Supporting Domestic Violence Clients to Prevent a Return to Homelessness

Family Science Impact: Q&A with NCFR Member Kimberly Leach, B.S., CFLE-P
/ NCFR Report, Fall 2021

Family Science Impact
highlights how NCFR members are making a difference through their Family Science career and showcases their career journeys. See more about the many careers and professions of Family Science.

Kimberly Leach
Kimberly Leach, B.S., CFLE-P

Name: Kimberly Leach, B.S., CFLE-P

Current Job Title: Housing Case Manager, YCC Family Crisis Center (Ogden, Utah)

Tell us a bit about your current work and why it’s important.

I am a housing case manager at a domestic violence shelter. I facilitate a Rapid Rehousing (RRH) program for families in the Ogden area. When a family enters our shelter, there can be many outcomes. Some return to their home and their abuser, some are able to get their abuser removed and return home, some move in with family or friends, and some choose to participate in our RRH program. We provide rental assistance and intensive case management for one year for those clients in our RRH program. Some of the things we work on with clients are self-sufficiency, healthy relationships and communication styles, financial stability, credit repair, and budgeting.

My primary goal is to match a client with resources and support to prevent a return to homelessness when their time with our program ends. Generational dysfunction and generational poverty can be broken, and I am so encouraged to see clients make the most of our time together to finish or enhance their education, work toward better employment, and pursue stability in their lives and the lives of their children.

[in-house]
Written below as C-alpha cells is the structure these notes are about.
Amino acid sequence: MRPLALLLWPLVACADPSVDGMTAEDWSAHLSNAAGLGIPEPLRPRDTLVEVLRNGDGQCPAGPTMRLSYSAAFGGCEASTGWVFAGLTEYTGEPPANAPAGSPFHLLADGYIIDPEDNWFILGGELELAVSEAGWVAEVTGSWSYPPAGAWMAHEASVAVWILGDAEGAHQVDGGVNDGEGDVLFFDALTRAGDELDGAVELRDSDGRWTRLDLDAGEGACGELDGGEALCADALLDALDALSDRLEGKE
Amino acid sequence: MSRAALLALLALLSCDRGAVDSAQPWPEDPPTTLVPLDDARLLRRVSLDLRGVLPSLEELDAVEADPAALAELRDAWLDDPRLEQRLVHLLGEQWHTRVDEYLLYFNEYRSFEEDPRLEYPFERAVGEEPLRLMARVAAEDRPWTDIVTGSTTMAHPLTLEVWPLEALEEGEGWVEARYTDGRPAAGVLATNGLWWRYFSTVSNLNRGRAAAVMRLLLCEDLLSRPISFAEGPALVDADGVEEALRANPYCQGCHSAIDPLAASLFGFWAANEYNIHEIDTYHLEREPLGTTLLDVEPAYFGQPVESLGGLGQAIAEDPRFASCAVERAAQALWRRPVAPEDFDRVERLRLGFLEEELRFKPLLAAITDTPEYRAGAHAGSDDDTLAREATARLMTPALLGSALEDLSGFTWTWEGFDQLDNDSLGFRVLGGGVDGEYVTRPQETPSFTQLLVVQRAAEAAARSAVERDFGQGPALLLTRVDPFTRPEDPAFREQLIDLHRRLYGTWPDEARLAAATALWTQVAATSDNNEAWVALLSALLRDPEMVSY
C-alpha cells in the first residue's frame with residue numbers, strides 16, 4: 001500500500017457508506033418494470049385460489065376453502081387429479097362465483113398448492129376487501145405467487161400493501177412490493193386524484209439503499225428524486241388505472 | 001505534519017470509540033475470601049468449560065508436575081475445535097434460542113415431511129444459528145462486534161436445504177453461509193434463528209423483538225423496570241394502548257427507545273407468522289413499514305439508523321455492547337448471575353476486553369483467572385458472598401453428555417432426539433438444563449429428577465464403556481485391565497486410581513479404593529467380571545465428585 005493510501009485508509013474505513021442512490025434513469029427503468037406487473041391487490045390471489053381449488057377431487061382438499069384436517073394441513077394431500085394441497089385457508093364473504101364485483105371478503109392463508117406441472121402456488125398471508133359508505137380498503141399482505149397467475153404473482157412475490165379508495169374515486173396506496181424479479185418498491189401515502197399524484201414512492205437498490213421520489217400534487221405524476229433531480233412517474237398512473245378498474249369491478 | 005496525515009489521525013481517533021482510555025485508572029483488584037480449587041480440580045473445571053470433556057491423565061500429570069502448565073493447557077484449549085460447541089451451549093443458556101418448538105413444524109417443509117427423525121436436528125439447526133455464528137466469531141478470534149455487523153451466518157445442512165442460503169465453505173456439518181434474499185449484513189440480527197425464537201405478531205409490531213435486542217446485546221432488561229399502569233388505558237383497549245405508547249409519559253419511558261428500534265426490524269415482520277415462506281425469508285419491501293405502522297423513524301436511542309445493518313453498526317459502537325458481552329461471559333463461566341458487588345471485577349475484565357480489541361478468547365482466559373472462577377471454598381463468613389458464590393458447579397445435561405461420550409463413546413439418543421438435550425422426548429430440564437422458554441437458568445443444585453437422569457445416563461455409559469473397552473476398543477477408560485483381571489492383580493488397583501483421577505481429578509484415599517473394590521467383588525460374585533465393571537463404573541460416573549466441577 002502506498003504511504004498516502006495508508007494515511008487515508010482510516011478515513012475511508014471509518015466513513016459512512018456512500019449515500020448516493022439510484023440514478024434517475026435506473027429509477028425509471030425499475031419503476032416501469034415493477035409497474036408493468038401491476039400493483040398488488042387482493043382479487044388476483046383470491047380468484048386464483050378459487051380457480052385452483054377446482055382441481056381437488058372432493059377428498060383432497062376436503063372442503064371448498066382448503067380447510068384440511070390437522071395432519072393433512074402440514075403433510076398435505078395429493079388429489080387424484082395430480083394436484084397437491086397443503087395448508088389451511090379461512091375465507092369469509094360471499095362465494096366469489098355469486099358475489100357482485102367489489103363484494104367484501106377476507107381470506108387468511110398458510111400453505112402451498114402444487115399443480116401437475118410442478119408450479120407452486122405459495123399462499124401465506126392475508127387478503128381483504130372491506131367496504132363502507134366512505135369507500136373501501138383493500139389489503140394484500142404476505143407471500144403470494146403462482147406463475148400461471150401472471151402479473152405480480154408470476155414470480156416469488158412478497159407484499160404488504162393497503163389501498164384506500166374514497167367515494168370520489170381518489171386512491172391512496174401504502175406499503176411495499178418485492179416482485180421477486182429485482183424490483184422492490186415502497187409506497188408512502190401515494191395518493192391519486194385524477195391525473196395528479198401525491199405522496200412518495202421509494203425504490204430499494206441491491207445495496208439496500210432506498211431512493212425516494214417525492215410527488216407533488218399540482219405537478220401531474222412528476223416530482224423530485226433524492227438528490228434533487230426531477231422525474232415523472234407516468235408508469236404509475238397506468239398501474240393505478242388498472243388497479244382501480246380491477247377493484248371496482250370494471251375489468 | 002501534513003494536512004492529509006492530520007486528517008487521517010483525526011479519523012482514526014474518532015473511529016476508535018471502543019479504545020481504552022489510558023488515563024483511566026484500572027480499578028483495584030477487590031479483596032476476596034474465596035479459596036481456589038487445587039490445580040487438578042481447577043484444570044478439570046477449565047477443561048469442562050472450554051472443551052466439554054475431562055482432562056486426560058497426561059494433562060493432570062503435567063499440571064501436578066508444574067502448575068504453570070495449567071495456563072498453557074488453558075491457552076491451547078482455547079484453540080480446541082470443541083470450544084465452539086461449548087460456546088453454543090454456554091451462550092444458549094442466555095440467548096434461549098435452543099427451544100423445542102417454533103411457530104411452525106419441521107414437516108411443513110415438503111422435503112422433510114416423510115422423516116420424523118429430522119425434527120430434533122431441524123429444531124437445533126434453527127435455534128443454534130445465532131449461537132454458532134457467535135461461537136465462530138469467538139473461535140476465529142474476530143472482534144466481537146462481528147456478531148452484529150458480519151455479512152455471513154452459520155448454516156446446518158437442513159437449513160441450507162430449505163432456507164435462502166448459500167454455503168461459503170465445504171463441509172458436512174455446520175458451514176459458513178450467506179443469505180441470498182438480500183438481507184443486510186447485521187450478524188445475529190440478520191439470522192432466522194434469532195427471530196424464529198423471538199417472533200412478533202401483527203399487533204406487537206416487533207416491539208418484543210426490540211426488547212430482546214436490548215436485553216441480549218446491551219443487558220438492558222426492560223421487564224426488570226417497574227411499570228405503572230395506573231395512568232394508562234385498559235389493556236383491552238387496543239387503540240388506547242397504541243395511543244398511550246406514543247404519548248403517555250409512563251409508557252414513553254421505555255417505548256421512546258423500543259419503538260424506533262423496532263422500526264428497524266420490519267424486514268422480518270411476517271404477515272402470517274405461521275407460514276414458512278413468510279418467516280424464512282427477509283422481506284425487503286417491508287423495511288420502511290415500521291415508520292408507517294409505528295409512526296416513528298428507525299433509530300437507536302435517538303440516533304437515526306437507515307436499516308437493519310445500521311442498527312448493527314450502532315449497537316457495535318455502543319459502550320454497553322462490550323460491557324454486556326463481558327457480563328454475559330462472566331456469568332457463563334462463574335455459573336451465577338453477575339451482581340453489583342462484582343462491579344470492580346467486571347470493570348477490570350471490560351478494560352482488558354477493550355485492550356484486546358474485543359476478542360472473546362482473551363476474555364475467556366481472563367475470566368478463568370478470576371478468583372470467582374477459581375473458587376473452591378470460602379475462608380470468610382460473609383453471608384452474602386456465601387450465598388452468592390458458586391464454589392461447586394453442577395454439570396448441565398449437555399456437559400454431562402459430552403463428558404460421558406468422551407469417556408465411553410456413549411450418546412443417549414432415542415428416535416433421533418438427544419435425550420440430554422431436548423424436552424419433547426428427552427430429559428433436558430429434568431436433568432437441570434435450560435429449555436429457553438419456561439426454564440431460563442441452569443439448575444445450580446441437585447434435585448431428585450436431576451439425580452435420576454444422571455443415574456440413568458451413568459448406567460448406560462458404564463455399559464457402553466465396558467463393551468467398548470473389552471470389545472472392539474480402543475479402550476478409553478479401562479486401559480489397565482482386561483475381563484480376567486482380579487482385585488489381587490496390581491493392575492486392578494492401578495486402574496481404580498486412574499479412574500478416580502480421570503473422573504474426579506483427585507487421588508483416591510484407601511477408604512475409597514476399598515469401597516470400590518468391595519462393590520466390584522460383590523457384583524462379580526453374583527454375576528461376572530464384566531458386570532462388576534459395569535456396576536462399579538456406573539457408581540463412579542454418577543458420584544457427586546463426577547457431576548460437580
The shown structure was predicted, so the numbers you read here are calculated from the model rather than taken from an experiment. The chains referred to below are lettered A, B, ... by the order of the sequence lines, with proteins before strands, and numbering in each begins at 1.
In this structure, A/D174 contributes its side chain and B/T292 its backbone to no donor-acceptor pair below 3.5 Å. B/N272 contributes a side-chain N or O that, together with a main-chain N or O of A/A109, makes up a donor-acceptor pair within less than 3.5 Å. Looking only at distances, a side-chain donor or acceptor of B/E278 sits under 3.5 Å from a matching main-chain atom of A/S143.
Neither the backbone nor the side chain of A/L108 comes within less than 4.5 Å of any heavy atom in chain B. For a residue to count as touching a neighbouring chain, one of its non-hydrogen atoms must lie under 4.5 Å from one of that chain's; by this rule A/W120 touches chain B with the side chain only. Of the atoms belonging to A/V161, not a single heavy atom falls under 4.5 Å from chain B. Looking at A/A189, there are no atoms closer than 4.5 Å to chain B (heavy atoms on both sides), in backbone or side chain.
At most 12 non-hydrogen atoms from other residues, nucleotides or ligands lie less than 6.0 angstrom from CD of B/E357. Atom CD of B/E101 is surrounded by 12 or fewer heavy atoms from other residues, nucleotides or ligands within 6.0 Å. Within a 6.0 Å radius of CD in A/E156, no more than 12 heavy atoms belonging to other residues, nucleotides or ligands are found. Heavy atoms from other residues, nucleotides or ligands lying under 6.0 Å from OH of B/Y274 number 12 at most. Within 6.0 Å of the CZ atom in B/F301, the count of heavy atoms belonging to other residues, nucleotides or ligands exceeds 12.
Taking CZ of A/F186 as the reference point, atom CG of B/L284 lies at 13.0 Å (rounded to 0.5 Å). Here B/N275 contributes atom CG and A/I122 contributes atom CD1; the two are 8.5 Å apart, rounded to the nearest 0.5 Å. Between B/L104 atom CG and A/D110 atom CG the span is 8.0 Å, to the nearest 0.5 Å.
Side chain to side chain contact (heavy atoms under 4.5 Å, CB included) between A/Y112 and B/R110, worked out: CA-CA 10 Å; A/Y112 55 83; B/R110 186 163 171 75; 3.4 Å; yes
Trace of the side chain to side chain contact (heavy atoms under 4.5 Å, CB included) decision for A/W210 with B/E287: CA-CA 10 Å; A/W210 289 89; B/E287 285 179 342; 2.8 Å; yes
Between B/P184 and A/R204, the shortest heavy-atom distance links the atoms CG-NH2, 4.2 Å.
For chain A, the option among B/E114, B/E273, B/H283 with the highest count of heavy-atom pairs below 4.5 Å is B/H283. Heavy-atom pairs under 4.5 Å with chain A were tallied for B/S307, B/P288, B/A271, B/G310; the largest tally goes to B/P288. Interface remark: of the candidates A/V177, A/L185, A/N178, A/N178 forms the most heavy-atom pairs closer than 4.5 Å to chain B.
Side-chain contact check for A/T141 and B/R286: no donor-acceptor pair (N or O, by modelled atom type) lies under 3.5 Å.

What was your professional path to your current role? What shaped or influenced that path?

This is a second career for me. I spent 25 years in early childhood education and special education. It took me a while to figure out what I wanted to be when I grew up. I was a single mother, with no degree, making minimum wage and raising a child on my own after leaving a domestic violence situation myself over 20 years ago. It is serendipitous that I now find myself working with women whose stories are sometimes very similar to mine and encouraging them by sharing my story. As humans, we want, more than anything, to be understood. It is powerful to look into another person’s eyes and say, “I understand.” No two stories are the same, but fleeing domestic violence, raising a child or children alone, and learning how to rebuild our lives are shared experiences that are unique to those journeying that path.

I am a recent college graduate, class of 2020, go Wildcats! I graduated from Weber State University with a bachelor’s degree in family studies and am currently pursuing my full Certified Family Life Educator (CFLE) credential.

How do you use Family Science / Family Life Education knowledge or skills in your current work?

I have many opportunities to use my Family Life Education knowledge as I go about my day. We talk about resource management, interpersonal and communication skills, positive parenting strategies, sexual health, and ethics. Some clients are looking for support and friendship, and as a case manager I have to be very clear about protecting my privacy and theirs, maintaining a professional relationship, and setting firm boundaries.